Stocks investors are spooked about a lot of things, and the strong dollar biting into earnings growth is now one of them.
The dollar index, which measures the greenback versus a basket of other currencies, jumped 0.7 percent on Monday to 97.58, a 17-month high. As the dollar rose, the Dow Jones Industrial Average lost 602 points to 25,387, and the S&P 500 was down nearly 2 percent to 2,726.
You may be tempted to think that a strong dollar would be a good thing, but in this financial climate it is definitely not.  As I have discussed previously, many emerging market countries binged on debt during the boom years, and much of that debt was denominated in U.S. dollars.  Now that the dollar is surging, that is making it much, much more difficult to service and pay back those loans.
Meanwhile, the price of oil continues to fall precipitously.  At this point, oil has now fallen for 11 days in a row…
Crude has now lost ground for 11 consecutive days, the longest slide since oil futures trading was introduced on the NYMEX in March 1983. The historic slump knocked oil into a bear market — barely a month after it hit four-year highs. Selling accelerated in extended trading, with crude breaking below $59 a barrel.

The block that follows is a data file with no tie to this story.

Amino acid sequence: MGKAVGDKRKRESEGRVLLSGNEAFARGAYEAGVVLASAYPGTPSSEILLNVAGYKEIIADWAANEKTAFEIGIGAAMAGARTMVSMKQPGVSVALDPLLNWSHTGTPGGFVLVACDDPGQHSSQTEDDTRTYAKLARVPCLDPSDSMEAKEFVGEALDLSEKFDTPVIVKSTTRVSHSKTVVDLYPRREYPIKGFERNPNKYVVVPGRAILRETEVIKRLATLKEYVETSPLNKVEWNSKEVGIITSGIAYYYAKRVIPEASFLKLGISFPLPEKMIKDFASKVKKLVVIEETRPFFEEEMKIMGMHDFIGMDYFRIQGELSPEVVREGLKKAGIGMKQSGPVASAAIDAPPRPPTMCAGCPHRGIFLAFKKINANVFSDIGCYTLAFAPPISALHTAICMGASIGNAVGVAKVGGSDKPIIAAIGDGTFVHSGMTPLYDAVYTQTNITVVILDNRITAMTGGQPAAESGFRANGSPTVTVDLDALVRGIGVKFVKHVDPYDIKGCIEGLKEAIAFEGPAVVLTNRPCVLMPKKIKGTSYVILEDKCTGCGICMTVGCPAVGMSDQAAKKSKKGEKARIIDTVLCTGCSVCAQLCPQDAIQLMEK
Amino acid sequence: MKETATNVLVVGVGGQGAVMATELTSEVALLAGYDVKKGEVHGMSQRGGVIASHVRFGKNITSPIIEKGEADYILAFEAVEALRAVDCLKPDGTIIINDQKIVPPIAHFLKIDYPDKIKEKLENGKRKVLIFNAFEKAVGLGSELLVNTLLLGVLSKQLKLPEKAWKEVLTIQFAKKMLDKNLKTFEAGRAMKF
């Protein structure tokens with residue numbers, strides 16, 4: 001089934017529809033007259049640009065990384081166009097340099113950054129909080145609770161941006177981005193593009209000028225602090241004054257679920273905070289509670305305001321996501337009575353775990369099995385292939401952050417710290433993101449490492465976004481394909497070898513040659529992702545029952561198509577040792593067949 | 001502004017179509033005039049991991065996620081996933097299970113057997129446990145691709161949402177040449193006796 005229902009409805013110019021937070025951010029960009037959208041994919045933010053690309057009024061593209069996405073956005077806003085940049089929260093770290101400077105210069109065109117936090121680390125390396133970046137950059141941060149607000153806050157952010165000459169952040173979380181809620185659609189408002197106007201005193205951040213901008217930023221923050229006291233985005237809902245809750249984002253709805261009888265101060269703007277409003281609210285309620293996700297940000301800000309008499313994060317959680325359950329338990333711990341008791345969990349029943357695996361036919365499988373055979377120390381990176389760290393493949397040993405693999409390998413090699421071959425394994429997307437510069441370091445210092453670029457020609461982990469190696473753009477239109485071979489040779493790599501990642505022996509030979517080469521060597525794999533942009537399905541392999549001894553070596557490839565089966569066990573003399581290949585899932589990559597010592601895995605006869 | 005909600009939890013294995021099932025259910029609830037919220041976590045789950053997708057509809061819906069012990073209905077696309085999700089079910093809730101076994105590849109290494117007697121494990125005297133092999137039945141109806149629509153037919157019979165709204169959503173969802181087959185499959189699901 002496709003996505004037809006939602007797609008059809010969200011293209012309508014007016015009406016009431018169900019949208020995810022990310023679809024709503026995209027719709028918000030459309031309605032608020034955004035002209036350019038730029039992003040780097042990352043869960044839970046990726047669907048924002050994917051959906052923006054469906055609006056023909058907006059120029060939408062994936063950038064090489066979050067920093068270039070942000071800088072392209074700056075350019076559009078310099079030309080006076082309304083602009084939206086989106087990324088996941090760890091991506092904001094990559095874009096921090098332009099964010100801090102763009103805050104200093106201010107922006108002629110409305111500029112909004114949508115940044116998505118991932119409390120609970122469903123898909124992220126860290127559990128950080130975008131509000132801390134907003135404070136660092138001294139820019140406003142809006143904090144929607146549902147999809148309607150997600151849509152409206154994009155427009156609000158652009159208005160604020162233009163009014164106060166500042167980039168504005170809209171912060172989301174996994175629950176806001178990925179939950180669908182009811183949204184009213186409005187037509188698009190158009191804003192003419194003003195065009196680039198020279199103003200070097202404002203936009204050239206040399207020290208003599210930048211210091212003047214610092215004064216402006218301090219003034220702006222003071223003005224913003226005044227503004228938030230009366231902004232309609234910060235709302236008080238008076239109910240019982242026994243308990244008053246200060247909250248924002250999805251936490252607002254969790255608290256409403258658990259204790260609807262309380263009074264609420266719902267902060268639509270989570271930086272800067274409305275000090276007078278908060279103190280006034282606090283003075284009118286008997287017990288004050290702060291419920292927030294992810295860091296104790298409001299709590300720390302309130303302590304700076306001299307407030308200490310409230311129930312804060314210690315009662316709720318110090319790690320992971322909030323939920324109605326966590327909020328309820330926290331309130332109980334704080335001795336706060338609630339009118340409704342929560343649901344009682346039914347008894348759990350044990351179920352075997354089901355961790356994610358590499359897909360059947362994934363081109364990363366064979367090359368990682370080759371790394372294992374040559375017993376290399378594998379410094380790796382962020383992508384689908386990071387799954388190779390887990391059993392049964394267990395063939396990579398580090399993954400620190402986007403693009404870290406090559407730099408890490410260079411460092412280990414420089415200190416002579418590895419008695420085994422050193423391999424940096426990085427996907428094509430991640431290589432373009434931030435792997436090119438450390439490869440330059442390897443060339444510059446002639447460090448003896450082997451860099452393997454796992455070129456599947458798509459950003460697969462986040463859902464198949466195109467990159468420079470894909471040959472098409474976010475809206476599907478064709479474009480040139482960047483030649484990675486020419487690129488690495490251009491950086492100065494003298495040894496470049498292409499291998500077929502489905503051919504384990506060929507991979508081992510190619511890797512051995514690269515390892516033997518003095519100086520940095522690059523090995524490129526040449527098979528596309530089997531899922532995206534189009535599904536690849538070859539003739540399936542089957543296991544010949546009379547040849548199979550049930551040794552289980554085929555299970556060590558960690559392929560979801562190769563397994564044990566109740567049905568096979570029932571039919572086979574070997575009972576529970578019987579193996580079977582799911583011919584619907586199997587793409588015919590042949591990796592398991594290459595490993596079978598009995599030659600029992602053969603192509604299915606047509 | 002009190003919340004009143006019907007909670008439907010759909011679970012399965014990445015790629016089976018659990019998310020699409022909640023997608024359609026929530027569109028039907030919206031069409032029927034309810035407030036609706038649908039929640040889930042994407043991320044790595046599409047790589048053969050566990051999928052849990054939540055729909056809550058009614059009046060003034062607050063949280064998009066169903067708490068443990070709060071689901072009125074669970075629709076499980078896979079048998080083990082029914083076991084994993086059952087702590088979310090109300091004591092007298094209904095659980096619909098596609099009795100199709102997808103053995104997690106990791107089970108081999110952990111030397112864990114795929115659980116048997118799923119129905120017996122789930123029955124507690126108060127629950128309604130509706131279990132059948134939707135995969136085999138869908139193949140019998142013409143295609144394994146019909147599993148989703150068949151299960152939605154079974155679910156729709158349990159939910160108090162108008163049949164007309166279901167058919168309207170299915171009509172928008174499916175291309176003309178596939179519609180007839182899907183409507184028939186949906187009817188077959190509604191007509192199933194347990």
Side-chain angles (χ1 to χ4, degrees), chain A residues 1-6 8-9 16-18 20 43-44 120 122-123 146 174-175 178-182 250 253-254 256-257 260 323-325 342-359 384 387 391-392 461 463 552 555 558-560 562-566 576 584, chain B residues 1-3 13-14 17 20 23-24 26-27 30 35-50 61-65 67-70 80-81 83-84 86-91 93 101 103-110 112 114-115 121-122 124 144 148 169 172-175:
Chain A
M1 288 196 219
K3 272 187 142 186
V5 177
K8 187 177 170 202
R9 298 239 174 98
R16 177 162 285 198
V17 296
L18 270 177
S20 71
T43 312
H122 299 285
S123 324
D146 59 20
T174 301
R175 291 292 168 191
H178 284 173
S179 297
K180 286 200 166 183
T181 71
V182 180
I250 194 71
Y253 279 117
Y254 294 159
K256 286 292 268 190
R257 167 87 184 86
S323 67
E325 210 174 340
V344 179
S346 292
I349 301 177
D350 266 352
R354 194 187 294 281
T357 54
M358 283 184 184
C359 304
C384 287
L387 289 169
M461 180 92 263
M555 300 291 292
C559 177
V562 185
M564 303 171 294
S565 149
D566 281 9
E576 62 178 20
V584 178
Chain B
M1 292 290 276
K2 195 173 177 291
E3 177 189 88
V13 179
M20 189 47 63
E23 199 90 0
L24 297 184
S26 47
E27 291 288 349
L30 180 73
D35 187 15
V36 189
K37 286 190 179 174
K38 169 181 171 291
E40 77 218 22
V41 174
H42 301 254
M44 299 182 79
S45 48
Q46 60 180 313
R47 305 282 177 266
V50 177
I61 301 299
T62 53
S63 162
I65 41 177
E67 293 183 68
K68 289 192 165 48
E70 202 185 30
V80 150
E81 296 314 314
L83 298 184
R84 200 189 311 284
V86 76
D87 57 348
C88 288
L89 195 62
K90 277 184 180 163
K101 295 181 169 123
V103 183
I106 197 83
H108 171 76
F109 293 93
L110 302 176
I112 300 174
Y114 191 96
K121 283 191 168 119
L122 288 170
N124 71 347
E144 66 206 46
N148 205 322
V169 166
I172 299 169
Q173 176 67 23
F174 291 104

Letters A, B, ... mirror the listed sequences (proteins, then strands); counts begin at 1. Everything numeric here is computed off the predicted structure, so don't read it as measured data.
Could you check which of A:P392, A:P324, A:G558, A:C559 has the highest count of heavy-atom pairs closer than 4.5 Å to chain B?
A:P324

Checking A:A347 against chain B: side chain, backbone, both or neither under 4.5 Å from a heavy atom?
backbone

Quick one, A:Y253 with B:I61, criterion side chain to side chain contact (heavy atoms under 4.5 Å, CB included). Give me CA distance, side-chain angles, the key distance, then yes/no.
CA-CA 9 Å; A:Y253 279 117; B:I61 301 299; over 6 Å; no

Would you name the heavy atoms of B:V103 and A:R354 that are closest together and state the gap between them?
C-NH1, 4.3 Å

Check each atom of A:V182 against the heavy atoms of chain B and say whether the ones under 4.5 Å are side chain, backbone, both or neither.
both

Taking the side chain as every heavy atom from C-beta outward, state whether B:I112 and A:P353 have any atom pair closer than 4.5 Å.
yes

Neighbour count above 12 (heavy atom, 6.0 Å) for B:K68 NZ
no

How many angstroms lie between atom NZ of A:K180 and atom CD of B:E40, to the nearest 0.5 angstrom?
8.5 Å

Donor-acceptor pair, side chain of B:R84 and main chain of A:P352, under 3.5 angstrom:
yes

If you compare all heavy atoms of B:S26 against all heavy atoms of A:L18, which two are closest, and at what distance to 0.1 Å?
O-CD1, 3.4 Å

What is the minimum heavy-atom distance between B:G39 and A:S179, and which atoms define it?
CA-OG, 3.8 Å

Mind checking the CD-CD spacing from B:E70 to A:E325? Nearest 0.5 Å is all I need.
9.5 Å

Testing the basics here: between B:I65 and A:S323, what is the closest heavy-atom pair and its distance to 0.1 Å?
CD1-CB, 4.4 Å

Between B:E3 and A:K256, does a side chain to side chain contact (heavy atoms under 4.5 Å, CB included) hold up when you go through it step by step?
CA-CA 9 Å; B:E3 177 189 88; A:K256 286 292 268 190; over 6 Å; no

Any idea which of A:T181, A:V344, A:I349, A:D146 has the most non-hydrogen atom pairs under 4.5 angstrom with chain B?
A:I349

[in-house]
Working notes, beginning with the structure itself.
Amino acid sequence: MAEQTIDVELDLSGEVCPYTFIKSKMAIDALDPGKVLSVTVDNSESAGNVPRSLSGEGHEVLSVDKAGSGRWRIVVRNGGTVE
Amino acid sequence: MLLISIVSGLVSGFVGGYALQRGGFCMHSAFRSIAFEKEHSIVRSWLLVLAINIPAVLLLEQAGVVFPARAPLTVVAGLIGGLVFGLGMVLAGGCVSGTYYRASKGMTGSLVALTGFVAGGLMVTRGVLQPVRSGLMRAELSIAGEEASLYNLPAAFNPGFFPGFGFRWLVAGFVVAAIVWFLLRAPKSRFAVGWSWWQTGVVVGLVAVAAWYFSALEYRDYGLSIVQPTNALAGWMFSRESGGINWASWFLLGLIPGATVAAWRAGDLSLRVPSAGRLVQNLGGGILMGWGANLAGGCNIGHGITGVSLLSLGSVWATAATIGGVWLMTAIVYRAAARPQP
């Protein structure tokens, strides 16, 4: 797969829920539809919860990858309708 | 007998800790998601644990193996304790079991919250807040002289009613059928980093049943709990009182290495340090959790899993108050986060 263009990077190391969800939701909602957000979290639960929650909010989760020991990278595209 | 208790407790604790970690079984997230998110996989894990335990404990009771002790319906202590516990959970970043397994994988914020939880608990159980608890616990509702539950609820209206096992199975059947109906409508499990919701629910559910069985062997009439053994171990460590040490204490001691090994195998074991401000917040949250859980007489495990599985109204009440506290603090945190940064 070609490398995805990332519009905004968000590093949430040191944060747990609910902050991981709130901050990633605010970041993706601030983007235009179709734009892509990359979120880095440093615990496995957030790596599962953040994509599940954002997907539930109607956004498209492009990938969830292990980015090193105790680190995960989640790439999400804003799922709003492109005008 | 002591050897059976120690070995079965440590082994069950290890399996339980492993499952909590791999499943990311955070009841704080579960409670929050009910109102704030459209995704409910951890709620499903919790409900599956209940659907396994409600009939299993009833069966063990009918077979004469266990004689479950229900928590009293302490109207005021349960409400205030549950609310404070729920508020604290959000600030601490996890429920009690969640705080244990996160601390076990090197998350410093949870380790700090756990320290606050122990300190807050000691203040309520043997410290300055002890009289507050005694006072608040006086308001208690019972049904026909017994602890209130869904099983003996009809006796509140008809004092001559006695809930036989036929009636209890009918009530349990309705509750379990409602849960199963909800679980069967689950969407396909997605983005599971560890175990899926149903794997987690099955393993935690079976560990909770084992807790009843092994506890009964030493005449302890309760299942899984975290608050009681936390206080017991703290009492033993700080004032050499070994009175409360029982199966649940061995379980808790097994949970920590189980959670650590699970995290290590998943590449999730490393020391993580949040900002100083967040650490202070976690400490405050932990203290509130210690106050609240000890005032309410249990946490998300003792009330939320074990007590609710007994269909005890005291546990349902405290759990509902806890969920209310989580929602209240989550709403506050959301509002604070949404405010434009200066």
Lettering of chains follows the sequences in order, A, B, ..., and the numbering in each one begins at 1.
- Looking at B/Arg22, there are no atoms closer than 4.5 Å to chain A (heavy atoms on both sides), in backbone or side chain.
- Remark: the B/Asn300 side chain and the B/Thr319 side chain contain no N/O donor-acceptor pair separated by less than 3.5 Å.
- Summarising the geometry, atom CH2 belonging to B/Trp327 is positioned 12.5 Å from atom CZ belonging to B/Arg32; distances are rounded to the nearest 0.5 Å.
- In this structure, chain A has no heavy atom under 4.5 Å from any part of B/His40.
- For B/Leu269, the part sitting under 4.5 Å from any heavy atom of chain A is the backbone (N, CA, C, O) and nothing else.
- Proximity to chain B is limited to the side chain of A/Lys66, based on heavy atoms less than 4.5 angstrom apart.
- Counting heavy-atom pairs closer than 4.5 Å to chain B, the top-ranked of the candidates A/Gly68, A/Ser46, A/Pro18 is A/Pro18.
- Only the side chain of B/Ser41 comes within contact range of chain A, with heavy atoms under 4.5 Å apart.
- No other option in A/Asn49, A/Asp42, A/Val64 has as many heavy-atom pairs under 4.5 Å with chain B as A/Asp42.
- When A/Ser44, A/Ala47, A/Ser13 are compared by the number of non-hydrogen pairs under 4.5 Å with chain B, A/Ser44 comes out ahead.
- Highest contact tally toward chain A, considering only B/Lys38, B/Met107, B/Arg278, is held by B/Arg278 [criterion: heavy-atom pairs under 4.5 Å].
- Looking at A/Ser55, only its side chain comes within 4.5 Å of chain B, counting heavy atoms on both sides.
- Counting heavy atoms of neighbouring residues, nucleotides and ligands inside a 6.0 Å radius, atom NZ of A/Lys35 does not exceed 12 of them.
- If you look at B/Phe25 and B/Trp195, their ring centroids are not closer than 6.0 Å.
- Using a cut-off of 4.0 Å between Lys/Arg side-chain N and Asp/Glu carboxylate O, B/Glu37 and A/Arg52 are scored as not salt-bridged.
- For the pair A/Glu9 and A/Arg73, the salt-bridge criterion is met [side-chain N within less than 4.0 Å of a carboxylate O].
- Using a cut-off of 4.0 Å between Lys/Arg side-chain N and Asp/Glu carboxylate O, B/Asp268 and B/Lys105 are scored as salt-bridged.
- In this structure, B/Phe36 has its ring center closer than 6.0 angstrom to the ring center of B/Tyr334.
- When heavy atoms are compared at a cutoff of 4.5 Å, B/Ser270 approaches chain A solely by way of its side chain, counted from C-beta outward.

Monday’s drop signals skepticism from investors that Saudi Arabia will be able to quickly mop up a glut of supply that has suddenly emerged.
If you will remember, the price of oil also spiked dramatically and then fell like a rock just prior to the financial crisis of 2008.
Could it be possible that a similar scenario is playing out again?
In “Get Prepared Now”, I talked about what the coming financial crisis would mean for all of us, and I noted that many prepare for such a crisis by investing in precious metals.  So it is quite interesting to note that global central banks were voraciously buying gold during the third quarter of this year…
Gold is particularly attractive to central banks looking for safe, liquid assets. Central bank purchases of gold increased by 22% during the third quarter. That’s the fastest pace since the fourth quarter of 2015, according to Natalie Dempster, managing director for central banks and public policy at the World Gold Council.
Could this be a sign that the central bankers believe that a new crisis is looming?
Of course there are many of us that are stunned that things have already deteriorated so rapidly.  I expected that October would be bad, but I didn’t think that it would be that bad.
And many of us had anticipated that things would calm down a bit in November, and so a 602 point decline on Monday definitely came as a surprise.
Ultimately, it is just a matter of time before we witness a stock market crash far greater than we saw in 2008, but we can certainly hope that it will be put off for as long as possible.
However, the truth is that nobody can outrun the relentless march of time indefinitely, and time is most certainly running out for Wall Street.
Courtesy of Michael Snyder, author of several books, and founder of The Economic Collapse (more articles by Michael here).
The views and opinions expressed herein are the author's own, and do not necessarily reflect those of EconMatters.